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MySuburbanLife
October 31, 2012


Investigators with SHowing Animals Respect and Kindness (SHARK) test fly one of their octocopters over an open field to check the battery life on Friday, Oct. 12. (Bill Ackerman - This email address is being protected from spambots. You need JavaScript enabled to view it.)

The walls of Steve Hindi’s home were once adorned with the trophies of dead animals, such as that of a shark he caught and a king salmon.

Today, Hindi said he seeks to attain different kinds of trophies — that of media exposure of animal abuse, such as through articles in the Chicago Tribune and the New York Times.

Hindi is the president of the Geneva-based nonprofit Showing Animals Respect and Kindness, or SHARK.

Hindi and other members of SHARK recently began testing a new version of their remote-controlled flying octocopter in a field in the Geneva area.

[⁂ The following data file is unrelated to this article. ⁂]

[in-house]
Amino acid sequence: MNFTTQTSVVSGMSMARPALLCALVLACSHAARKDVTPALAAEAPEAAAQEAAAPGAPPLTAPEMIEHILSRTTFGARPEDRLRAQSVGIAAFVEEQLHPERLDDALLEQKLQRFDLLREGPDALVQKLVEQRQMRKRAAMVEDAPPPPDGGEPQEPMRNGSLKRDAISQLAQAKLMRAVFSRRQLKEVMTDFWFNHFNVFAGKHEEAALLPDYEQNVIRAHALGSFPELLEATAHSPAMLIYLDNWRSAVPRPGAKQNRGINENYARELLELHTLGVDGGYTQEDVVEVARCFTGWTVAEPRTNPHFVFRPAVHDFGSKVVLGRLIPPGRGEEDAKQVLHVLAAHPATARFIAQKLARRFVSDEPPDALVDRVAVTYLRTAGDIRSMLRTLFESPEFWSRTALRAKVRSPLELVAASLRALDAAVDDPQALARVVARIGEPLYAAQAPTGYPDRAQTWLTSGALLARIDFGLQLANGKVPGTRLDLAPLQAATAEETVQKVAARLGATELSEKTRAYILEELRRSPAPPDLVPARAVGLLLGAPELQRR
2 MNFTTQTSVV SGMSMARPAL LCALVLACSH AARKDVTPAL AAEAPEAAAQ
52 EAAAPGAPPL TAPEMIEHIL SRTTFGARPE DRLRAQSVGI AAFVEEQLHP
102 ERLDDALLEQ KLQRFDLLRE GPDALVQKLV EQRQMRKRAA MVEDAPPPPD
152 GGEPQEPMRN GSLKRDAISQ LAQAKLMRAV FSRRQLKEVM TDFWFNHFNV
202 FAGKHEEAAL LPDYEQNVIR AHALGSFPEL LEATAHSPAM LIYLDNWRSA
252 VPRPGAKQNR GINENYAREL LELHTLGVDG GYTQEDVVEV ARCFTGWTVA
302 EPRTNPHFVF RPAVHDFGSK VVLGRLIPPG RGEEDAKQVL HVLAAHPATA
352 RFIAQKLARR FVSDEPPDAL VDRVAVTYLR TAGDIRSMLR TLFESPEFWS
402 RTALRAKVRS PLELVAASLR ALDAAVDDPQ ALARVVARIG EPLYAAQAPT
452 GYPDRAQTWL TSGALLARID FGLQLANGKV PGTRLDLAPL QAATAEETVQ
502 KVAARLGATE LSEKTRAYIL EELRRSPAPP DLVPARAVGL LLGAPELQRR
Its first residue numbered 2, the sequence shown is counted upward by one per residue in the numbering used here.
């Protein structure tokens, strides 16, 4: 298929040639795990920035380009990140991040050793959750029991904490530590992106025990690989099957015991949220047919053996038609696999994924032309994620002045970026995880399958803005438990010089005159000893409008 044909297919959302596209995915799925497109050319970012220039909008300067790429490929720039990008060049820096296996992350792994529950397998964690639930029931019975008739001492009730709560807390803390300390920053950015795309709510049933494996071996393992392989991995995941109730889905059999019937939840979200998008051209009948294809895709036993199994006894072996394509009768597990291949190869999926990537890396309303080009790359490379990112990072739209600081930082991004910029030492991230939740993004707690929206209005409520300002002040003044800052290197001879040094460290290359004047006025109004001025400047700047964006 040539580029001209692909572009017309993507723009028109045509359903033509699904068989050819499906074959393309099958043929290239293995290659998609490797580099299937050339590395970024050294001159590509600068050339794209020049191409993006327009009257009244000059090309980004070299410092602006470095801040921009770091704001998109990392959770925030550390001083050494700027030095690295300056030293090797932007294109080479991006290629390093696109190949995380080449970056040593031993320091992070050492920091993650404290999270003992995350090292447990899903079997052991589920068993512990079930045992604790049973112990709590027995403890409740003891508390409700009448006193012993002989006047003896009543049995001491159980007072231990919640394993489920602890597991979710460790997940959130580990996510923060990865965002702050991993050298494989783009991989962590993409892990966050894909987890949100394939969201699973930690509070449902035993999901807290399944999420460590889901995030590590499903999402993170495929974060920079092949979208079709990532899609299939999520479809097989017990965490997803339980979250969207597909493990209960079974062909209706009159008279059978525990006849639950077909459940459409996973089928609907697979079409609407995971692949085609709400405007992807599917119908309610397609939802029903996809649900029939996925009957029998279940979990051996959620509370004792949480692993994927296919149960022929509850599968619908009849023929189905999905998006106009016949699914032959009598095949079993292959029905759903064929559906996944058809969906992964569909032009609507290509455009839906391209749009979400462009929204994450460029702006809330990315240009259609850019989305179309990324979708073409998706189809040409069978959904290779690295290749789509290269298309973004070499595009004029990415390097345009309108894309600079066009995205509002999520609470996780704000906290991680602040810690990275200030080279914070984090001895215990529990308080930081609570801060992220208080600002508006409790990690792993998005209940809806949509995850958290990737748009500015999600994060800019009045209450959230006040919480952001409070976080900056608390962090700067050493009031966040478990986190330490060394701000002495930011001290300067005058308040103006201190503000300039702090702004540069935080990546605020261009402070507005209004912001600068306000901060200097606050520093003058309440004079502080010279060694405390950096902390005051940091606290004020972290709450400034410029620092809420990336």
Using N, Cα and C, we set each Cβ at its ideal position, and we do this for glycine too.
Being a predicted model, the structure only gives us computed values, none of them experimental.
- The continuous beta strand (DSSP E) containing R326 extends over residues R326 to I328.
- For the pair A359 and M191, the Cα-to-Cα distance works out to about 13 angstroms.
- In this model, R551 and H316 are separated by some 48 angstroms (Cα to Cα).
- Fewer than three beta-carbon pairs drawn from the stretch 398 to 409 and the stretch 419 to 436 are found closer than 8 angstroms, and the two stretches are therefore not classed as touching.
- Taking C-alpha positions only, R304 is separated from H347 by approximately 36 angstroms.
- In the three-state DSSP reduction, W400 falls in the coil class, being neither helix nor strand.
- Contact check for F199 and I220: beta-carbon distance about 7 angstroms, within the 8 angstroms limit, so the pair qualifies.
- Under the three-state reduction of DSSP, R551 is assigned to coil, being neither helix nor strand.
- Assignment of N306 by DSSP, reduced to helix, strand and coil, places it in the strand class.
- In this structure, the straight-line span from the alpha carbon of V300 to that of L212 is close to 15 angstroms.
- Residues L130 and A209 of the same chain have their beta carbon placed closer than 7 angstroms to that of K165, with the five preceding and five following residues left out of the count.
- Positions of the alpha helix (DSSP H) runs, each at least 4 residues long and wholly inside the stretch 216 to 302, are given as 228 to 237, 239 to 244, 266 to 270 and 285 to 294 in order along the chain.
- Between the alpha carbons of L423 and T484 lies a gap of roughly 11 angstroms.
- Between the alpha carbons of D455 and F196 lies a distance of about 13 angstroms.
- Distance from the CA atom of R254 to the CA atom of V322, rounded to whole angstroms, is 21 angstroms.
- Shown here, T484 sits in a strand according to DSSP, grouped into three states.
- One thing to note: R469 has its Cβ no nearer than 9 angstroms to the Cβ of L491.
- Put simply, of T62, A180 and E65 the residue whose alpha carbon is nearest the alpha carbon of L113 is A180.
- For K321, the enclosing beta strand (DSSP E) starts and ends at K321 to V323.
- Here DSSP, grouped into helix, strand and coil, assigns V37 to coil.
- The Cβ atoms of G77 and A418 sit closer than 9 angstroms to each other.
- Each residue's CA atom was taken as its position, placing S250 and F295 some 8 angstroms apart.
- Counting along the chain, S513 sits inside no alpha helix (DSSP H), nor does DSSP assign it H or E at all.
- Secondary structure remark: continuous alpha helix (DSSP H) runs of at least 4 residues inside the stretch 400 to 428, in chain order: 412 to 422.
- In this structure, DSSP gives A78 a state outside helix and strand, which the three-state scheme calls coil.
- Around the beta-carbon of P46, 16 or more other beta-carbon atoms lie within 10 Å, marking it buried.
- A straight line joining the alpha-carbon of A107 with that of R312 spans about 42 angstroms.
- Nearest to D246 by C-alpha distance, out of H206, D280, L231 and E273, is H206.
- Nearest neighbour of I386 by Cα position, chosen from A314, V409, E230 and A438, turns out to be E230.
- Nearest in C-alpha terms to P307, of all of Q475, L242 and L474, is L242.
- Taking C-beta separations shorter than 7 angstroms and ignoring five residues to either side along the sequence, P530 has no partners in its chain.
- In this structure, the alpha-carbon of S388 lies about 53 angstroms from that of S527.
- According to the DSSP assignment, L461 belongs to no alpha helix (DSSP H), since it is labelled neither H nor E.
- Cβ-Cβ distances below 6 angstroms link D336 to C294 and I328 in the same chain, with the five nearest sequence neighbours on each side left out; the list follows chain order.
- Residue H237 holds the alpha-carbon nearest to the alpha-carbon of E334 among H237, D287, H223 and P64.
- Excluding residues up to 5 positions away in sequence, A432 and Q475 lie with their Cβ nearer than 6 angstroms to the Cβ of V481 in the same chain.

Looking like a mini-UFO, the octocopter shoots into the sky about 400 feet as Hindi and SHARK member Mike Kobliska monitor from the ground.

They attach a video camera to the octocopter, nicknamed “angel,” and use it to spy on anyone suspected of abusing animals.

“We name it our angel because it’s looking after the animals,” said Janet Enoch, SHARK member and Hindi’s girlfriend.

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